Potential Jurors in the George Floyd Killing Case Are Afraid They'll Be Targeted. Can't Imagine Why.

AP Photo/Alex Brandon

Jury selection in the trial of the former police officer accused of killing George Floyd started Monday with protesters, speeches, and his sister noisily marching outside the courthouse while calling for justice.


Some of the people being considered for jury service in the trial of Derek Chauvin said that they were worried for their lives and the safety of their families if selected to serve on the jury.

Their fear is entirely understandable.

Floyd’s death led to nearly $2 billion in losses from arsons, looting, rioting, and mayhem. Nineteen people were shot.

Jurors are concerned about violence in the wake of an entirely possible not guilty verdict in the case.

The Associated Press reported that a pool of jurors, who filled out questionnaires weeks ago, was asked in court if they had reservations.

One was anxious, worried about high emotion surrounding the case. One worried his family might be targeted. And one was delighted to receive her jury summons — even after learning she might wind up on the panel considering whether to convict a former police officer in George Floyd’s death.

[…] “I definitely have strong opinions about the case,” one woman said. “I think I can try to be impartial — I don’t know that I can promise impartiality.”

She was dismissed. So was another woman, who said she didn’t understand why Chauvin didn’t get up when Floyd — in a widely seen bystander video that showed Chauvin with his knee pressed on Floyd’s neck — kept saying he couldn’t breathe.

“That’s not fair because we are humans, you know?” she said.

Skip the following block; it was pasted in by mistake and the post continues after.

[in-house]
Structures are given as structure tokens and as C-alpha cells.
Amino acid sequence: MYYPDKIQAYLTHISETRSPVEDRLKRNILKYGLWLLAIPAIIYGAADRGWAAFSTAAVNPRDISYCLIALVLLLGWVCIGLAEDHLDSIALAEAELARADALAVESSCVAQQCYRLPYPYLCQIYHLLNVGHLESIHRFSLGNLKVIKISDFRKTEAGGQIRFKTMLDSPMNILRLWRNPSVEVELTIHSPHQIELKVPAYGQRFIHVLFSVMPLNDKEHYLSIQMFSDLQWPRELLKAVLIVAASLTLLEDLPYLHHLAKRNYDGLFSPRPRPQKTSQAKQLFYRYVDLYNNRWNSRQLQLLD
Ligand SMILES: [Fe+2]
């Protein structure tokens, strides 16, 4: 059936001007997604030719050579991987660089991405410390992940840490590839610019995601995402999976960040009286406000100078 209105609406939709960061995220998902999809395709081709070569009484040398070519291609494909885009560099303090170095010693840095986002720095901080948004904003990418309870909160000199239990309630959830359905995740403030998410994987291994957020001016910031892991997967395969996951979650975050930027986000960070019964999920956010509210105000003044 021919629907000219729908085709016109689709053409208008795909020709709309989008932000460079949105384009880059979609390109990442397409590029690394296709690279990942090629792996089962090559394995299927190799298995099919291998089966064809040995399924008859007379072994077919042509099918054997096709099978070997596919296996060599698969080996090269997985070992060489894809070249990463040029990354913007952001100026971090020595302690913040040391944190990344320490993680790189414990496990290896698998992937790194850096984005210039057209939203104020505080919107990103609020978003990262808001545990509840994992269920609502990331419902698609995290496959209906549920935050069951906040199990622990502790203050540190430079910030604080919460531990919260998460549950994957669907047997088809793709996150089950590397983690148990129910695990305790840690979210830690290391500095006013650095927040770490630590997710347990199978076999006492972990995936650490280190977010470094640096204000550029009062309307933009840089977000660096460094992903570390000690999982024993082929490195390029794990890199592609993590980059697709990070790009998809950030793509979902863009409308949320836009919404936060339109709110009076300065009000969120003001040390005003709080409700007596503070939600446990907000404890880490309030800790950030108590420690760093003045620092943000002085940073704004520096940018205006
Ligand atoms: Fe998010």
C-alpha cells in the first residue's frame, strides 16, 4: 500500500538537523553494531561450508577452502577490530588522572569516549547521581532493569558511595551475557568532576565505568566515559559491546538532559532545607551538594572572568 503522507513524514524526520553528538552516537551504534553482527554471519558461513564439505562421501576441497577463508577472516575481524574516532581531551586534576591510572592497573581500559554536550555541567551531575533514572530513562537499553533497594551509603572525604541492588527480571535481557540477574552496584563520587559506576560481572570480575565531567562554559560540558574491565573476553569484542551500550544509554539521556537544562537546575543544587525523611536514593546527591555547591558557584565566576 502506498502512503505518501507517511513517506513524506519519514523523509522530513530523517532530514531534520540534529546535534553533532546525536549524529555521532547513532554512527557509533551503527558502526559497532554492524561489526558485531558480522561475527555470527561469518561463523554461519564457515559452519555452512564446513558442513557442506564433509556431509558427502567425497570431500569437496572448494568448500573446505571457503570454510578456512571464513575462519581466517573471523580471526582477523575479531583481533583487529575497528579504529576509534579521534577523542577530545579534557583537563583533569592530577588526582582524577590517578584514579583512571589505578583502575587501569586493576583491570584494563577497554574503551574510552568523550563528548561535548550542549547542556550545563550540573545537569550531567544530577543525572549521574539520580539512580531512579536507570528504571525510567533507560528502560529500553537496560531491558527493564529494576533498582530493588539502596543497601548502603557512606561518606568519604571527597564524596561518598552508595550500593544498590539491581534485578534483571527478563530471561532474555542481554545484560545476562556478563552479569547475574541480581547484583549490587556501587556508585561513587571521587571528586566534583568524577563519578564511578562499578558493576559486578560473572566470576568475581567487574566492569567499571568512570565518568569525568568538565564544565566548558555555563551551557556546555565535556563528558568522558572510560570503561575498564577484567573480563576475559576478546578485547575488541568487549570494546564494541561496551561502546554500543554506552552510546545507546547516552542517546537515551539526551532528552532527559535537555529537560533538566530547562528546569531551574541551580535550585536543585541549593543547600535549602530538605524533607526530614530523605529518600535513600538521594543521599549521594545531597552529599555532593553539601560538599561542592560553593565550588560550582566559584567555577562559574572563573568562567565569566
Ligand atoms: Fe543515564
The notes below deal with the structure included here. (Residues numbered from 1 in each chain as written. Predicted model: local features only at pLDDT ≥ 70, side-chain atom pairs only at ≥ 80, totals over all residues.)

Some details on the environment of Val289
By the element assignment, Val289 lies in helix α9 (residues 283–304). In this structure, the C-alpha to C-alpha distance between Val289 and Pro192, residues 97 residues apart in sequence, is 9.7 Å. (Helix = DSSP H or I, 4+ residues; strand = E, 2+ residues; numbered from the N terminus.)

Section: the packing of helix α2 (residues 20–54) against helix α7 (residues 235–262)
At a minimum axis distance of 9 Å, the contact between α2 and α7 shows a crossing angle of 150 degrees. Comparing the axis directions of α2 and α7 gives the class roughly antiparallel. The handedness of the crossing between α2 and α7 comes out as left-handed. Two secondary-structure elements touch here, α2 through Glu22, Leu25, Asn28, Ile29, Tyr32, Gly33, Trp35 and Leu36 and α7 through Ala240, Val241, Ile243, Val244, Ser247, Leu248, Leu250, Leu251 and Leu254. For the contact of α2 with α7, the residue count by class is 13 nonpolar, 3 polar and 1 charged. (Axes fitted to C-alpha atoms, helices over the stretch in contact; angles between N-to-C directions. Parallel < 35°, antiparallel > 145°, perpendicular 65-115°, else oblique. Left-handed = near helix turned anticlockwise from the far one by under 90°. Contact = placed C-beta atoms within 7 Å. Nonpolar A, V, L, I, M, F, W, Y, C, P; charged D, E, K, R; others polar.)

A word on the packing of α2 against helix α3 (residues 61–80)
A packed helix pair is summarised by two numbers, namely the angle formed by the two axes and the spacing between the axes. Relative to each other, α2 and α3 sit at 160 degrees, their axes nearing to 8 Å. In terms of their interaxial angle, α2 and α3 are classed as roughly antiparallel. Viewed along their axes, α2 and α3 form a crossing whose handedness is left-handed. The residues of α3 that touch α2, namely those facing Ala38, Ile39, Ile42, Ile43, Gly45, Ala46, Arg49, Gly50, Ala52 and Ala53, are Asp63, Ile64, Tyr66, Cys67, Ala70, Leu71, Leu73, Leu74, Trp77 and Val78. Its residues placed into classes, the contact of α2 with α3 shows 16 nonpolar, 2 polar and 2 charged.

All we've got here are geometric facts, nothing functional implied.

Floyd was high on fentanyl, pot, and other drugs when he died in police custody. He also tested positive for COVID. Chauvin, recorded with his knee on Floyd’s neck for nine minutes, had, along with other officers, subdued the combative Floyd with flex cuffs. The knee/neck hold was in the Minneapolis Police manual.

Chauvin is charged with second-degree unintentional homicide and second-degree manslaughter. Another charge, depraved indifference, which was already tossed out by the trial judge, is under appeal as the proceedings advance. For that reason alone, prosecutors wanted the trial halted, fearing it could become an appealable issue. The trial continued, however, after a brief delay on Monday.

With jurors fearing for their safety and Minneapolis already boarding up the areas near the courthouse in the riot zone in anticipation of a not guilty verdict, you might be wondering why there was no change of venue.

In November, Hennepin County Judge Peter Cahill ruled against a change of venue “Because of … pervasive media coverage, a change of venue is unlikely to cure the taint of potentially prejudicial pretrial publicity.”


Instead, Cahill finds himself with some, though not all, jurors who are fearful that their families would be doxxed, hurt, or worse by the same violent thugs who burned down the Third Police Precinct, a Target Store, and shot 19 people in the riots that followed Floyd’s death.



Victoria Taft is the host of The Adult in the Room Podcast With Victoria Taft” where you can hear her series on “Antifa Versus Mike Strickland.” Find it here. Follow her on Facebook,  TwitterParlerMeWeMinds @VictoriaTaft 

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